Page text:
Startups are navigating a changing climate, where attracting investment requires not only a compelling idea but also a clear path to swift profitability and robust growth. In this more demanding environment, leaders are under pressure to jumpstart sales immediately. Take, for instance, the journey of a high-tech startup CEO at a pivotal juncture: despite seven years of remarkable growth fuelled by two successful products, the company is now facing stagnating revenue and slipping back into the red. Under immense pressure from investors to revitalize sales and financial health, drastic measures are taken, including layoffs of several managers, starting with the sales director. With no alternatives left, the CEO steps in to lead the sales efforts personally, hoping to secure new contracts and save her position.
While this hands-on approach may temporarily reassure investors with a surge in sales, the CEO discovers deeper issues during her interactions with prospects and the sales team. The sales force is floundering with product promotion to grab customers’ attention, and the offerings no longer captivate customers as effortlessly as before.
This scenario is not unique; it highlights a phenomenon known as the "Iron Law of scale" identified in the Lean Strategy. Initially, a startup’s commercial and product efforts are closely aligned, each sale and product feature fine-tuned in a do-or-die quest to meet customer needs. However, as the startup transitions to a scale-up, the operational model often shifts towards a more compartmentalized, Taylorist structure—dividing thinkers, doers, and administrators. The founder, once deeply involved in sales, retreats to capitalize on the initial product success, viewing product development as a cost rather than an investment. This detachment from sales, often accompanied by the challenging process of assembling a management team, can signal the onset of stagnation when the market matures.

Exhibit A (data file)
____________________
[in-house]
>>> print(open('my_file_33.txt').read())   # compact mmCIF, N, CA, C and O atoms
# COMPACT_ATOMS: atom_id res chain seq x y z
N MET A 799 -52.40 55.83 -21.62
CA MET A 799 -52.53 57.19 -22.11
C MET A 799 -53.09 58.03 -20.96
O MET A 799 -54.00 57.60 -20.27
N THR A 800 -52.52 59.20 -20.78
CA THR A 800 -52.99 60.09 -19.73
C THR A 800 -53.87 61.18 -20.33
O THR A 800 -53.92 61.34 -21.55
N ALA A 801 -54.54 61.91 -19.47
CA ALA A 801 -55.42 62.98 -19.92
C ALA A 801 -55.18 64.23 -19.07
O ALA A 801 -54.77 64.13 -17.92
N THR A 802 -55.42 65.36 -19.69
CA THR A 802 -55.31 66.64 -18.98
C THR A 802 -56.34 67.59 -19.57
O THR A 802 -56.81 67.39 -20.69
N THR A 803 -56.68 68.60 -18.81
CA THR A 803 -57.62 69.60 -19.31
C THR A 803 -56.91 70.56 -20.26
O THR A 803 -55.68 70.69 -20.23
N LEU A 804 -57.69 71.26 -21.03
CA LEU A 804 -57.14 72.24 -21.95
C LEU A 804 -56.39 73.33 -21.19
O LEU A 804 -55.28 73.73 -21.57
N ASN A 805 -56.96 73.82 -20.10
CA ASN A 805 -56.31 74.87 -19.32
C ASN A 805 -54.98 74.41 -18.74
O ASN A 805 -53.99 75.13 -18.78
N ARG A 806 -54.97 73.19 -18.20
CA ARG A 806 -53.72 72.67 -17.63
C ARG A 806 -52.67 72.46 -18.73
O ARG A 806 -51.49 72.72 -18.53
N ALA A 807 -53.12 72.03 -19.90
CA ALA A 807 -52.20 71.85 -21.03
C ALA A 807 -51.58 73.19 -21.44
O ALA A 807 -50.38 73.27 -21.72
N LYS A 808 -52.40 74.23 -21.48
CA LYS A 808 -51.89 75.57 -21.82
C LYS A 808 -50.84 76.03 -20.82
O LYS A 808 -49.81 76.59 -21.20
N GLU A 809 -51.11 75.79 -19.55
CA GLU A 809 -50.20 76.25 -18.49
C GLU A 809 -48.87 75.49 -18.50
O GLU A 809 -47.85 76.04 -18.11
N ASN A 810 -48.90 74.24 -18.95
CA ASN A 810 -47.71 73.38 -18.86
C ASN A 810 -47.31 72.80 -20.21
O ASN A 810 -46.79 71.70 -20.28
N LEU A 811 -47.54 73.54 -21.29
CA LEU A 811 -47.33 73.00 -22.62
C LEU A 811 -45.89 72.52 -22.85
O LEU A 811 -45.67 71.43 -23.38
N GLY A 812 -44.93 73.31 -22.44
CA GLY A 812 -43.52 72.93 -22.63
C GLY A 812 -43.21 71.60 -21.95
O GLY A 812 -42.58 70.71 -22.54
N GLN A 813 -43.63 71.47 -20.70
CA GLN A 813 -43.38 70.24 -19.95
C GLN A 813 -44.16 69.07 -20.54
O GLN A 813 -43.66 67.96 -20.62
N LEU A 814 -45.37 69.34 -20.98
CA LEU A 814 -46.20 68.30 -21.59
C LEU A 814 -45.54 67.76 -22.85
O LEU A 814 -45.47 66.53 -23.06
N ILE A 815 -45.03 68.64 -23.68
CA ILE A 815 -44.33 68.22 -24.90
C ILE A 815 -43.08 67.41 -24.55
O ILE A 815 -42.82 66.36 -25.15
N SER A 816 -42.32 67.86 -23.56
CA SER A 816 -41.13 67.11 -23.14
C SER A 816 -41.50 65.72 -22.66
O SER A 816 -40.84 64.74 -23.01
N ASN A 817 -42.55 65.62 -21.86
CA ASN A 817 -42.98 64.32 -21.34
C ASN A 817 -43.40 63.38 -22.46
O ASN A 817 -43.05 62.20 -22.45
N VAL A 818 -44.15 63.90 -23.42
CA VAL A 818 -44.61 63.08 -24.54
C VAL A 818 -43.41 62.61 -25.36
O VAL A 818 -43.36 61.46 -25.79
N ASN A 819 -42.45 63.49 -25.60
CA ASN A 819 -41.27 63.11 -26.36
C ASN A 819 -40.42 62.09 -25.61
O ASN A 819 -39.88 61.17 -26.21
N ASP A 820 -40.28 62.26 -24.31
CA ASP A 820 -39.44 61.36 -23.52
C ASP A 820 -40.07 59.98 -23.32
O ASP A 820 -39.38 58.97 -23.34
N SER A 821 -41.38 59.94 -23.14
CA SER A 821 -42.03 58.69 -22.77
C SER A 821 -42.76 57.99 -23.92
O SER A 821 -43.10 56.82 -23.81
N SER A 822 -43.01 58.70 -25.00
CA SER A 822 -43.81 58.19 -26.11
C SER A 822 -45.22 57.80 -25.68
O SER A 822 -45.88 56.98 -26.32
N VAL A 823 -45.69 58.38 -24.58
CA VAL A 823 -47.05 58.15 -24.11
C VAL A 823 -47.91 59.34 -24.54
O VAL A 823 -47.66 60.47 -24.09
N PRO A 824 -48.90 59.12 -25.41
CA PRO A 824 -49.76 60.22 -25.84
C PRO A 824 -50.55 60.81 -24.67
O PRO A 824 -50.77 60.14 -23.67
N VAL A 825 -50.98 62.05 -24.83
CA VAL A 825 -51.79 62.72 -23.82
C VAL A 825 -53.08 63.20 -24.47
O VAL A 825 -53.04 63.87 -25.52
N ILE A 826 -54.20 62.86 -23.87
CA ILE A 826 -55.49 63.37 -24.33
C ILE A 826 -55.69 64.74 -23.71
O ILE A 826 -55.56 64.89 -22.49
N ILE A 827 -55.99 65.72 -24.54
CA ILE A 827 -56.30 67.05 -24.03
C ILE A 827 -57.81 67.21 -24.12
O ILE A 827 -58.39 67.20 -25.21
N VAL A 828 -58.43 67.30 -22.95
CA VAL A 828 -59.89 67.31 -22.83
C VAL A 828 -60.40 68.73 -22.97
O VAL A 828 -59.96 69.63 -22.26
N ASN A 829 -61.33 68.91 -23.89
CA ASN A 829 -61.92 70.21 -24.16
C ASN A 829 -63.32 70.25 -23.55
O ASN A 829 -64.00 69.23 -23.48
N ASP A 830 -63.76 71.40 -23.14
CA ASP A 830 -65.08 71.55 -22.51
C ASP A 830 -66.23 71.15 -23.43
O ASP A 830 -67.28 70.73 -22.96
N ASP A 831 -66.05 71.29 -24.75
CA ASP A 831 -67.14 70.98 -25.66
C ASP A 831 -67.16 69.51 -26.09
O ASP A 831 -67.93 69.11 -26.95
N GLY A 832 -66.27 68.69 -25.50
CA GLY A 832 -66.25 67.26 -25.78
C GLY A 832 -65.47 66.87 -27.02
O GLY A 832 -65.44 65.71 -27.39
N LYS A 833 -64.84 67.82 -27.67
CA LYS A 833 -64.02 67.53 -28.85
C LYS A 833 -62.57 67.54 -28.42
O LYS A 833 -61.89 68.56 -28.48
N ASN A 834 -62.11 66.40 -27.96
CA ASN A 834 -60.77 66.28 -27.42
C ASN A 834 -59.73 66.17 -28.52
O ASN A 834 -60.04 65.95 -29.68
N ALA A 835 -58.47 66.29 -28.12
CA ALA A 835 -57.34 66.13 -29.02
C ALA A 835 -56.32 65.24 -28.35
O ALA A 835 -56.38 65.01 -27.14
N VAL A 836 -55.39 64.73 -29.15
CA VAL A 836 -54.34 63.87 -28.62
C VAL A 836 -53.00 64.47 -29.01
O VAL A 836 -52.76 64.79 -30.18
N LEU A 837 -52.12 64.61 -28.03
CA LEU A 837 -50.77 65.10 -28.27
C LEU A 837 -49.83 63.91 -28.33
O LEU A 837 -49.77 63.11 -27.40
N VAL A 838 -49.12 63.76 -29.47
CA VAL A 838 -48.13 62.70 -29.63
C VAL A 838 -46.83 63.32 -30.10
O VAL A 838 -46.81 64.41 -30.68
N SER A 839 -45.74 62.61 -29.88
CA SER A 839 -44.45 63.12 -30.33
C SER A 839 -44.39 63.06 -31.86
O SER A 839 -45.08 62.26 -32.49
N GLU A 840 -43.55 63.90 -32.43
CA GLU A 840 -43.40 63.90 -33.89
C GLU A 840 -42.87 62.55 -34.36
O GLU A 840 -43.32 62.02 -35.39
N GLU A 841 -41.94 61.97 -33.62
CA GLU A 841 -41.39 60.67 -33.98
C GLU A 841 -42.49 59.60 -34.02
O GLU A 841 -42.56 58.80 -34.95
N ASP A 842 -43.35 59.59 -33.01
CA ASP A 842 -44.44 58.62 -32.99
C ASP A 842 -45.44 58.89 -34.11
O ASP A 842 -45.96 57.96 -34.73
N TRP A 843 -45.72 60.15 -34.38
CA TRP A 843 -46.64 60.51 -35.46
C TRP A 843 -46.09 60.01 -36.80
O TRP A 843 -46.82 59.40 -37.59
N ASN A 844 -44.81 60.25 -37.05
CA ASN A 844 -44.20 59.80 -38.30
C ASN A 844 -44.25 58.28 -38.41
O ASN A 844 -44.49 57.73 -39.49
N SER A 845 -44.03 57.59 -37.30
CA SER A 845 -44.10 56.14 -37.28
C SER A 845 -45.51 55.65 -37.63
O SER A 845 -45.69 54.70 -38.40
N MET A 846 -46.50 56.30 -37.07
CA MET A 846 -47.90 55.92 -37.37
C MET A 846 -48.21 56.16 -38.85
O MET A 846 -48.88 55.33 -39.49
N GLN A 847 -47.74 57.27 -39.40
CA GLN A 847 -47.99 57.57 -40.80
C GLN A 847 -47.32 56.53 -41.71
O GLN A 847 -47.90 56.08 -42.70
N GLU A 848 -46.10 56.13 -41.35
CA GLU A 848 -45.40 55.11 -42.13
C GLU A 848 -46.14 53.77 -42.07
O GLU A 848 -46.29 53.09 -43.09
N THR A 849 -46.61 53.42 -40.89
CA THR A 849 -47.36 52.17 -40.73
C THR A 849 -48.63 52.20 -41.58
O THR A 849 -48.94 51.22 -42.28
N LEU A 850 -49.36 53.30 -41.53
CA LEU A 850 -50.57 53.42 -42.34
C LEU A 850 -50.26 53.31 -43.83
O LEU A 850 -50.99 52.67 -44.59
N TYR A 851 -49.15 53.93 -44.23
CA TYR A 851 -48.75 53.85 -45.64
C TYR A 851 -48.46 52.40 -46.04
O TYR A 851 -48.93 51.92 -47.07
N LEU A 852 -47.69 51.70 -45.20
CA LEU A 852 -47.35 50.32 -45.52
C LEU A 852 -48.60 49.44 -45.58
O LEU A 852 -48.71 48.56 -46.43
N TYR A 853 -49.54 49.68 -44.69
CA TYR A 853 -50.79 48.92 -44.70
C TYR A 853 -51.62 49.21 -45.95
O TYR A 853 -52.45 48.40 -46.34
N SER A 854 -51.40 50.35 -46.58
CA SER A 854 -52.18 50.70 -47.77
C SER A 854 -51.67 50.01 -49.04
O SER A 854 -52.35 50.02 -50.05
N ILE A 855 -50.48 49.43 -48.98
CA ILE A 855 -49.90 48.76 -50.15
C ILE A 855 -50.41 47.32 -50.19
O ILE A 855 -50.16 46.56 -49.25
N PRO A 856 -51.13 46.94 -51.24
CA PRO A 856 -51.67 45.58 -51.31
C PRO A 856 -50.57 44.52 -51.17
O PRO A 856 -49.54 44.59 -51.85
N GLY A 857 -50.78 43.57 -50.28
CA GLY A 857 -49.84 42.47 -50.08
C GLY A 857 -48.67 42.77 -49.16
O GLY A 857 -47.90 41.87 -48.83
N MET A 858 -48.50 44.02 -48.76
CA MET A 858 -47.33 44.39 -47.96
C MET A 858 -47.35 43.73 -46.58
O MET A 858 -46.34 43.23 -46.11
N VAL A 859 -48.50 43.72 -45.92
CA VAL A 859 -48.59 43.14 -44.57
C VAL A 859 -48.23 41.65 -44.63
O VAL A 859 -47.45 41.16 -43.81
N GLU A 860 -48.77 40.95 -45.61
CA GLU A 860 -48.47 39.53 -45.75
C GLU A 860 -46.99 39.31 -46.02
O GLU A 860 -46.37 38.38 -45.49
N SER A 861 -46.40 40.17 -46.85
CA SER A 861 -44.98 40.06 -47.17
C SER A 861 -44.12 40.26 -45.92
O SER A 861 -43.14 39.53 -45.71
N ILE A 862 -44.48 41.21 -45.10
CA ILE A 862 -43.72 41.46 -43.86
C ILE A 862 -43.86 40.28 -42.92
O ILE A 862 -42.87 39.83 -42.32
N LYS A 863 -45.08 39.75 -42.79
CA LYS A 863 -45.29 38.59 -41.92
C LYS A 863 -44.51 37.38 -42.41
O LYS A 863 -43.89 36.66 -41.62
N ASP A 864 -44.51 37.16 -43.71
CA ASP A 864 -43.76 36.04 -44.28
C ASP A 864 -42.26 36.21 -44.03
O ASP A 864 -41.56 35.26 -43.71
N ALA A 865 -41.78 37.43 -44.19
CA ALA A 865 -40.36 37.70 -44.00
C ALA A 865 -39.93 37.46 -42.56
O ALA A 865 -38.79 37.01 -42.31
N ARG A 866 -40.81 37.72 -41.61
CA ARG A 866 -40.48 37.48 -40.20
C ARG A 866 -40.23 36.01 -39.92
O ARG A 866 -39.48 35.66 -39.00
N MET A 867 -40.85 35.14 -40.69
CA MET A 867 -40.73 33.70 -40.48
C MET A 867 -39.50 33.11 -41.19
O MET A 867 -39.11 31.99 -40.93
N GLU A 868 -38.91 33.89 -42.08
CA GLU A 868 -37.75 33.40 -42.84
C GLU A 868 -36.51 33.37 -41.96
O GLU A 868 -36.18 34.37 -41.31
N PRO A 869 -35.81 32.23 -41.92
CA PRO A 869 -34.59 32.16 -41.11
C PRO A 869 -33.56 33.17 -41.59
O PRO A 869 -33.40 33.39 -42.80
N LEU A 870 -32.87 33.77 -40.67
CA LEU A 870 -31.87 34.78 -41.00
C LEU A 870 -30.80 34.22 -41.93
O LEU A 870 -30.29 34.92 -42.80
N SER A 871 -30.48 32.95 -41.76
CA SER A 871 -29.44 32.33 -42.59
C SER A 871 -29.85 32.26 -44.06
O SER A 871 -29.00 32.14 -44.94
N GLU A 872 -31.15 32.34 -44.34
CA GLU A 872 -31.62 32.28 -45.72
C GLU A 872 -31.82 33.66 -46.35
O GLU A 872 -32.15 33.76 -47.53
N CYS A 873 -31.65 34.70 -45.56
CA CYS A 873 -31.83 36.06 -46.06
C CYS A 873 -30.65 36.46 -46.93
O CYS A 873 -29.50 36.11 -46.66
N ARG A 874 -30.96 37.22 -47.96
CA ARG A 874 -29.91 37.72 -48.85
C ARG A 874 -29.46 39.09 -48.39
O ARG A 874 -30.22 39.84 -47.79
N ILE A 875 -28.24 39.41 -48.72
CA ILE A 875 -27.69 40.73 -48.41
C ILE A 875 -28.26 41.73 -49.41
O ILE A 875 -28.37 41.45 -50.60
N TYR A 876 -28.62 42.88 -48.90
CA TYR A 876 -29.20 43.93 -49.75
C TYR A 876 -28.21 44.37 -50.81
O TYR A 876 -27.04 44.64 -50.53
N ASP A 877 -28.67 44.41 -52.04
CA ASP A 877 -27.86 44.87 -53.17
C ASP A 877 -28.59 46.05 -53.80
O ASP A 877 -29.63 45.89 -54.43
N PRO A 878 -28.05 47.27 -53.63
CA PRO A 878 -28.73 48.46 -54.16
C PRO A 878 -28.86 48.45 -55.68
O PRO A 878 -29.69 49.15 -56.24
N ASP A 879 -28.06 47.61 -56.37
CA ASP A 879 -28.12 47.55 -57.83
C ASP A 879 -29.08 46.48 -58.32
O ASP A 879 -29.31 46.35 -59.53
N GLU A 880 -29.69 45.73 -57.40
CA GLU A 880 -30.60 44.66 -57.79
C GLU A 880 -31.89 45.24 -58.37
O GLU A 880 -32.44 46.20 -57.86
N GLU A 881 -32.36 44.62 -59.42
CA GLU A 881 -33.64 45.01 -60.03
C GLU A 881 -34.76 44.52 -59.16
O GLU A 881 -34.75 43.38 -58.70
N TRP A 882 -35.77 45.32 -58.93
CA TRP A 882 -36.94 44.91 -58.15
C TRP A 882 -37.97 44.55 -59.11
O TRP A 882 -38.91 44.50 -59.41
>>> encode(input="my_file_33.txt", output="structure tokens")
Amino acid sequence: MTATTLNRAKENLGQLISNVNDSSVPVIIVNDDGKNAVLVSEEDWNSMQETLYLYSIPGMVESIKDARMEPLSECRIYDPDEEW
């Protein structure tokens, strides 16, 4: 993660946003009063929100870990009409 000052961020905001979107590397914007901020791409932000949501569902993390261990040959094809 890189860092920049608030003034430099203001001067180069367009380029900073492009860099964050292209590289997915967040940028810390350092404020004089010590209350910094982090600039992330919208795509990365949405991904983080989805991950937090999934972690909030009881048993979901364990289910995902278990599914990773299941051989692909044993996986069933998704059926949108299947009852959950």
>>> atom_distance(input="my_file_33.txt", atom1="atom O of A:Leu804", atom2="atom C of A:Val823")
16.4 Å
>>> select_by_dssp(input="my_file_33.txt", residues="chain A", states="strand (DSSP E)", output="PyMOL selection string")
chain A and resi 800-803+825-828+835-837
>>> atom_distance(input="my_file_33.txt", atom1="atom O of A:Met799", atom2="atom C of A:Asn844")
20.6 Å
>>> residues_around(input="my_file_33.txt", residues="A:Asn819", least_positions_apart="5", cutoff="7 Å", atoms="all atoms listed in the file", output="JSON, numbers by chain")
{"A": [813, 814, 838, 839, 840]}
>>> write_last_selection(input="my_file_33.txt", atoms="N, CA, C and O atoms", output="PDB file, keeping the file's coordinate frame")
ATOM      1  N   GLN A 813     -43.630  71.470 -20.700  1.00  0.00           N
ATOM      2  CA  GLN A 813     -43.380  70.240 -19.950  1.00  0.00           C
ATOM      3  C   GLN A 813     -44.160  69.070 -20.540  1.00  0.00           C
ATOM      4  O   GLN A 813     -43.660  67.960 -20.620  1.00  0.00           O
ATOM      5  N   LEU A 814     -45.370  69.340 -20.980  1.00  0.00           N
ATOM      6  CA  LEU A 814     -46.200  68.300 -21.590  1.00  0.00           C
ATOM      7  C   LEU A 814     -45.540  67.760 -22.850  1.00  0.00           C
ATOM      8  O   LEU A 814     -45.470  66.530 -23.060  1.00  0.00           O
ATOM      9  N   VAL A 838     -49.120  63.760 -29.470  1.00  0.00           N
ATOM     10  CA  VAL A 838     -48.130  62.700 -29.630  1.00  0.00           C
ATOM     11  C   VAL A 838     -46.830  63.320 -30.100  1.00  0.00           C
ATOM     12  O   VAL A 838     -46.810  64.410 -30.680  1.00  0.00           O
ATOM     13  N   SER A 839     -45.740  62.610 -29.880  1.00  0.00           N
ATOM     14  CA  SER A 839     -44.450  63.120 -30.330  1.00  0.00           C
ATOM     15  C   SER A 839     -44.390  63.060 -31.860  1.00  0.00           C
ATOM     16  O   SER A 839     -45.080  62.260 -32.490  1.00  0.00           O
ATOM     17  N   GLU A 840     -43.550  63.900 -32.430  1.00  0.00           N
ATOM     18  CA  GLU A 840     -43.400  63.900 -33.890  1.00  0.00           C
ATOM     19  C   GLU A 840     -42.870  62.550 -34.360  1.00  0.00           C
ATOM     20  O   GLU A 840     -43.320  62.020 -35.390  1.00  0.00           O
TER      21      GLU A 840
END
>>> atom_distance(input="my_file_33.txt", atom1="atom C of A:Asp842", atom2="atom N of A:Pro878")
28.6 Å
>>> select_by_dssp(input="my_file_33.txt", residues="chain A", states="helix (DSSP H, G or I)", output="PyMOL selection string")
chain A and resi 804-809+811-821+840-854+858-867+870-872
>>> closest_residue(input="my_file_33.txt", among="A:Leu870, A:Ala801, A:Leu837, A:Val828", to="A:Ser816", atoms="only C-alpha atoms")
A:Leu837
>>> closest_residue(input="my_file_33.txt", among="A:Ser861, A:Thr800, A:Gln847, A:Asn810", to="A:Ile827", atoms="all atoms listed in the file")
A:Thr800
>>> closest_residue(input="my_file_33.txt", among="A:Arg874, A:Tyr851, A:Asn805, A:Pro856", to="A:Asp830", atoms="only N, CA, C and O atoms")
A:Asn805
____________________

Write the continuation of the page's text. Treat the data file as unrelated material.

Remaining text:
The question then arises: how should a company reignite growth? Should it bolster the sales force, push hard on up-sell and cross-sell strategies, or perhaps pivot attention to cost-cutting for slower-moving products? Is it wise to venture into new, possibly international markets despite the complexity and cost, or might it be better to innovate with a new product, despite the delayed ROI? Well, this depends on the market conditions and your internal situation. We need to consider at both.
Our CEO is fixated on the belief that the sales decline is purely a problem of salesmanship. She fails to recognize the mounting customer service issues, the growing complexity of the flagship product, and the customers’ hunt for alternatives. She is preoccupied with driving sales, offering trial periods, and commissioning free custom prototypes. Yet, she ultimately observes that despite an initial spike in sales, customer engagement wanes, and the aggressive discounting tactics erode profitability.
To foster growth, the dilemma is whether to invest in products or sales capabilities. Both are undeniably vital. However, an overemphasis on sales offers only a temporary reprieve. Sustained growth hinges on continuous product development—products that are not only innovative but also attuned to customer problems and fast-changing market trends.
The lean approach advocates for a strategic product range. A diverse range allows customers to find exactly what they need within the brand's portfolio, encouraging loyalty and the philosophy of "once a customer, always a customer." Instead of wringing each product dry, the focus should be on advancing both sales and product fronts, introducing new offerings regularly to stay relevant to customer interests. I refer to this as vertical and horizontal innovation. Vertically, we enhance our existing products at regular intervals to stay relevant. Horizontally, we broaden our product lines to explore and capture new market segments.
The real secret to growth lies not in short-term commercial gimmicks but in a strategy where commercial activities and product evolution are in constant synergy. This approach fosters a product range that continuously appeals to customers, encouraging repeat business. To truly progress and scale, it's crucial to balance the approach, to not just hop on one leg—sales or product development—but to march forward confidently on both.
Translated from an article originally published on Institut Lean France.